If you want to hear a wide range of firm opinions, just ask Iowans about the state’s can-and-bottle deposit law.
Some will tell you it’s worthwhile and necessary, a small price to pay to promote recycling and protect the environment. The program results in far fewer cans and bottles in our landfills.
Others will say that the “bottle bill” is a hassle and a headache, especially for businesses, and that the law has outlived its purpose. After all, people are more comfortable with recycling and litter prevention than they were in the 1970s.
In our view, both sides have valid points. The bottle bill has diverted millions upon millions of containers from Iowa landfills. It’s also true that retailers consider it a headache to handle the empties — and do so for meager remuneration.
The economics aren’t hard to grasp. There’s little financial incentive for retailers to deal with deposits and redemption. The deposit has been a nickel for more than 40 years. If the deposit increased occasionally to keep up with inflation — as it has for other expenses, it would now be about 35 cents per container.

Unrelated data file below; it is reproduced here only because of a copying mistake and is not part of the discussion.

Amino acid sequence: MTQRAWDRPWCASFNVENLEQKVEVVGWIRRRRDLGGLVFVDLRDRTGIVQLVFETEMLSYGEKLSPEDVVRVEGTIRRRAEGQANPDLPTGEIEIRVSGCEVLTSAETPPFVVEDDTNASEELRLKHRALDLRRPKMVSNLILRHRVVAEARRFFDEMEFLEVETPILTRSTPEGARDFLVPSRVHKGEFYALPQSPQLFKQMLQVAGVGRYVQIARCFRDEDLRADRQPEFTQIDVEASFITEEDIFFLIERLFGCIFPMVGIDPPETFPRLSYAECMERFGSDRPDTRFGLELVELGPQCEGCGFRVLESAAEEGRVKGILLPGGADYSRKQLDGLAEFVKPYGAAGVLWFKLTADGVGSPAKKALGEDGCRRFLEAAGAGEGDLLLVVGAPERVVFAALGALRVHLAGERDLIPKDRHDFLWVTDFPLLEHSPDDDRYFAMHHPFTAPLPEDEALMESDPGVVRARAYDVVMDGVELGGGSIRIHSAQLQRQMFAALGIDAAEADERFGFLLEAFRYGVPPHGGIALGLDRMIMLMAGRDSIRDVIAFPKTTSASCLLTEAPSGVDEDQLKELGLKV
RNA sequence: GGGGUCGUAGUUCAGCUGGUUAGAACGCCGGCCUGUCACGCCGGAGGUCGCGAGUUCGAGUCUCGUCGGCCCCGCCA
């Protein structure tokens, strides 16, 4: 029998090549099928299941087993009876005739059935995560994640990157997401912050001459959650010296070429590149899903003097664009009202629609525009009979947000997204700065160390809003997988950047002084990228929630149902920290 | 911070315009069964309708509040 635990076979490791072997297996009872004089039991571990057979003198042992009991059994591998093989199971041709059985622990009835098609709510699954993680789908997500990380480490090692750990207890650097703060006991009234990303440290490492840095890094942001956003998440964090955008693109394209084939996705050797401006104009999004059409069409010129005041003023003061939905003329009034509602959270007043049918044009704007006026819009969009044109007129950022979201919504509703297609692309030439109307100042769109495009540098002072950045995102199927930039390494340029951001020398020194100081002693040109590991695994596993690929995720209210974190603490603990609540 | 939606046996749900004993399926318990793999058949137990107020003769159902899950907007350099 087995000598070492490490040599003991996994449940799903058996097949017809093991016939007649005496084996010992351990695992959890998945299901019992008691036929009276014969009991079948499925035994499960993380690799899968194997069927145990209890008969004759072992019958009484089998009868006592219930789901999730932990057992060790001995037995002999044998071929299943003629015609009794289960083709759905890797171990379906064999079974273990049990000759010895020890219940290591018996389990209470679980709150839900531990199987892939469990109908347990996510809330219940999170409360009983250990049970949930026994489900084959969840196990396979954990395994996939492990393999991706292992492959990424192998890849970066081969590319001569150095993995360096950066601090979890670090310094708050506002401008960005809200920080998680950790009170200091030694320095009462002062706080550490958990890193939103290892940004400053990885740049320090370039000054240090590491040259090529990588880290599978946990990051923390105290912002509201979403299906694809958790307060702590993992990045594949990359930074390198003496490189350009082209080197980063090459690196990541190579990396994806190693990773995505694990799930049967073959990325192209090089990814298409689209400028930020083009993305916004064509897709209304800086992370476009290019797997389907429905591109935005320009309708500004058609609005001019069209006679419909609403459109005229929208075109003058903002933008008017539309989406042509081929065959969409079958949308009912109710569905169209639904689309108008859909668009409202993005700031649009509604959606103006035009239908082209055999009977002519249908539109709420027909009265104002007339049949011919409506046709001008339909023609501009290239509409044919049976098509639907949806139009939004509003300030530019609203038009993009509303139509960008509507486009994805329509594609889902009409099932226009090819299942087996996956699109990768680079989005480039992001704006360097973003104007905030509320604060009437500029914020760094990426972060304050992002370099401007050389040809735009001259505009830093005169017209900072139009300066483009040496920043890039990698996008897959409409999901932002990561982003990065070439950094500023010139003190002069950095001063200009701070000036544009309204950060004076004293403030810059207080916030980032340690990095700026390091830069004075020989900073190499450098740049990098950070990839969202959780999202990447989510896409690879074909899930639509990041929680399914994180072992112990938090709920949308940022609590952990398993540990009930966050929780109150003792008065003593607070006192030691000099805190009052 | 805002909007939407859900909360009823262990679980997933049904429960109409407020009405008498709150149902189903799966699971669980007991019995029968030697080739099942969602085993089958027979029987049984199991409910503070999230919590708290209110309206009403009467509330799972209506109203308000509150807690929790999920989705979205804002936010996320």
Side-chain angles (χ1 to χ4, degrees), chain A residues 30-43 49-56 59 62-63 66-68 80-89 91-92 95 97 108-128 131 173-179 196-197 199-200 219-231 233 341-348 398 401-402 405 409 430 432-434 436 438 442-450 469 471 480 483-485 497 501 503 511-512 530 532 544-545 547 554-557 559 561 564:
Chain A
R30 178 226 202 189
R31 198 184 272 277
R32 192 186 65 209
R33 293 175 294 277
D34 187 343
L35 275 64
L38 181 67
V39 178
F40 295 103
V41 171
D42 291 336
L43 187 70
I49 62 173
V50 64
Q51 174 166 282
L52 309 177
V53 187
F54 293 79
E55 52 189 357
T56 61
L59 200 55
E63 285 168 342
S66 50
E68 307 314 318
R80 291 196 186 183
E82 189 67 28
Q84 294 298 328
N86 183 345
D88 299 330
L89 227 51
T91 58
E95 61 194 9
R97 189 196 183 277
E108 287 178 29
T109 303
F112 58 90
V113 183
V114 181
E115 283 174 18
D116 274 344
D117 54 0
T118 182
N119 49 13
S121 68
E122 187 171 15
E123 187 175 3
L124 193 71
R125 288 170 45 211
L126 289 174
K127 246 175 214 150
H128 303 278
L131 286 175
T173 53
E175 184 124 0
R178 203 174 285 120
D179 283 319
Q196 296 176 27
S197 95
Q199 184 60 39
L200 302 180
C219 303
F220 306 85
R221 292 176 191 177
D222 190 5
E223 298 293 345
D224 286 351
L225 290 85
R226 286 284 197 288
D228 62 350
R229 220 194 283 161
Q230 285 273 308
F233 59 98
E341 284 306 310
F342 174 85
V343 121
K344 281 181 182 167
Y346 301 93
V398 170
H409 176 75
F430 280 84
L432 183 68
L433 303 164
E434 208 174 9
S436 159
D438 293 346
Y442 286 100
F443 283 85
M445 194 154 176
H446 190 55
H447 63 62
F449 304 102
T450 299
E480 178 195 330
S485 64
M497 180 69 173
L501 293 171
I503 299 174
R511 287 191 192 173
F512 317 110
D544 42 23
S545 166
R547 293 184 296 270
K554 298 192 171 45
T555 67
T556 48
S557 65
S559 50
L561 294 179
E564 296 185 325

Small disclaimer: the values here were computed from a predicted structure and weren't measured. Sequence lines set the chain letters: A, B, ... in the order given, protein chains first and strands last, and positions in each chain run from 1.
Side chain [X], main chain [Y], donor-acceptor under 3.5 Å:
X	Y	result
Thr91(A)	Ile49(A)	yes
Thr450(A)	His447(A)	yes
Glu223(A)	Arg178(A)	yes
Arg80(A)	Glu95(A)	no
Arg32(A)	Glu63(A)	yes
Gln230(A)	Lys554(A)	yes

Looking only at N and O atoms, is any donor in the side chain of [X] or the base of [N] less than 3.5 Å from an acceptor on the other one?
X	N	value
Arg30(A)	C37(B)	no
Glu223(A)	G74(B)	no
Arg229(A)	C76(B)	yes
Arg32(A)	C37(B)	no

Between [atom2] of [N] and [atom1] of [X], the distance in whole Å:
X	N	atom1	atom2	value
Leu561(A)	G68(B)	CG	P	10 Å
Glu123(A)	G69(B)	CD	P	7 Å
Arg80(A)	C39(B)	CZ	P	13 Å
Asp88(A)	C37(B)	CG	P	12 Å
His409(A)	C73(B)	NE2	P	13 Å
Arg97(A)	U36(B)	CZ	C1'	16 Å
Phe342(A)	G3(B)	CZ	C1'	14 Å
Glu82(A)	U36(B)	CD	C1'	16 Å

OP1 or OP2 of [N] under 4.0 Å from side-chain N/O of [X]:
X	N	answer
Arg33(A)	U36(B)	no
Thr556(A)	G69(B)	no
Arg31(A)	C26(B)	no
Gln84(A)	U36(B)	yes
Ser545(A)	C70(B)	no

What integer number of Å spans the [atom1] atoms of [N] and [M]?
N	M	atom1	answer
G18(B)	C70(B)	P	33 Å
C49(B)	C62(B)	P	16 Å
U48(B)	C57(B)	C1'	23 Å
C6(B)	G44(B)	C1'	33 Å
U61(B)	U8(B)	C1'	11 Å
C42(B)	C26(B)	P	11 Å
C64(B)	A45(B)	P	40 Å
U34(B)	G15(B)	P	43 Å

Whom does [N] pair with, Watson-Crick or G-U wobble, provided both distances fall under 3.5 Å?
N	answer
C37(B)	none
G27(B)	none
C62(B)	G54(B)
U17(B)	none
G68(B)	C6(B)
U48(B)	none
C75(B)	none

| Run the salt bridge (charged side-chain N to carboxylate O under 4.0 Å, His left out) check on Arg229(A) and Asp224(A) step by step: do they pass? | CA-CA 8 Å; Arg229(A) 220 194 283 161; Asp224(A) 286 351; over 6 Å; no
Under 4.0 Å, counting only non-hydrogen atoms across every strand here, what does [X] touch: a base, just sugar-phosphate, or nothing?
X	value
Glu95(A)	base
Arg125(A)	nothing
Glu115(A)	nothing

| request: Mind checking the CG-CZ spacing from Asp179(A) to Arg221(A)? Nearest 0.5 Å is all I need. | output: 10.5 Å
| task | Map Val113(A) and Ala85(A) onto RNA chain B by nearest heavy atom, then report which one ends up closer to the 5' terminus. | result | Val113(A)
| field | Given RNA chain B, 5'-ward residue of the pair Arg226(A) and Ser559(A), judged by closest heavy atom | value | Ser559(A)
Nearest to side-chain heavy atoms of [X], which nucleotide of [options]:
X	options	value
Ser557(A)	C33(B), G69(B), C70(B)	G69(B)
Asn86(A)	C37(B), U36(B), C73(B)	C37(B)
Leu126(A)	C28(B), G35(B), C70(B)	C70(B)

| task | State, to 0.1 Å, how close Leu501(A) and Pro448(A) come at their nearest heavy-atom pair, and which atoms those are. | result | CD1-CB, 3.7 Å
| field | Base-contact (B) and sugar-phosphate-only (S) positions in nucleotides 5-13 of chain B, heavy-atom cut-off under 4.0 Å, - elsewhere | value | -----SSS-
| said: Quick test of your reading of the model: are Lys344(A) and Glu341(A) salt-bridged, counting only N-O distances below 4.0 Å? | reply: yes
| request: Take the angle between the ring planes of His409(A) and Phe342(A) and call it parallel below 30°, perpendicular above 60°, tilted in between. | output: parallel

That makes it an unappealing prospect for retailers. But it’s still the law. Retailers shouldn’t be allowed to simply refuse to follow it anymore than they could refuse to follow any other law.
Yet that’s exactly what’s happening. Center Redemption in Dubuque has been swamped for months with twice the normal number of can returns. Veterans Freedom Center, which also accepts cans donated for redemption to fund its mission, has seen donations double.
For several months in 2020, the requirement that stores take back cans and bottles they sell was temporarily removed by Gov. Kim Reynolds. Though that suspension has long since expired, Dubuque customers have found that some stores still aren’t taking back cans. The only exception is if the store enters into an Iowa Department of Natural Resources-approved agreement with a redemption center like Center Redemption. Hy-Vee supermarkets in Dubuque are the only local stores with such an agreement in place.
So while Hy-Vee customers are directed to Center Redemption, all other grocery stores and convenience stores should still be accepting cans and bottles. That’s the law, and it should be enforced.
A side issue with the deposit is the many drinks it doesn’t cover. Almost no one was buying bottled water in 1970s — or smart water, or vitamin water. The prevalence of those products, along with sports drinks and other beverages, has exploded. Yet they don’t come with the nickel deposit. If the premise of the law was to reduce litter and impact on landfills, then more containers should be included.
Iowa lawmakers long have talked about changing the bottle bill, but each year, the can (or plastic bottle) just gets kicked down the road.
Unless and until that law is rewritten or taken off, state officials must enforce the law we have.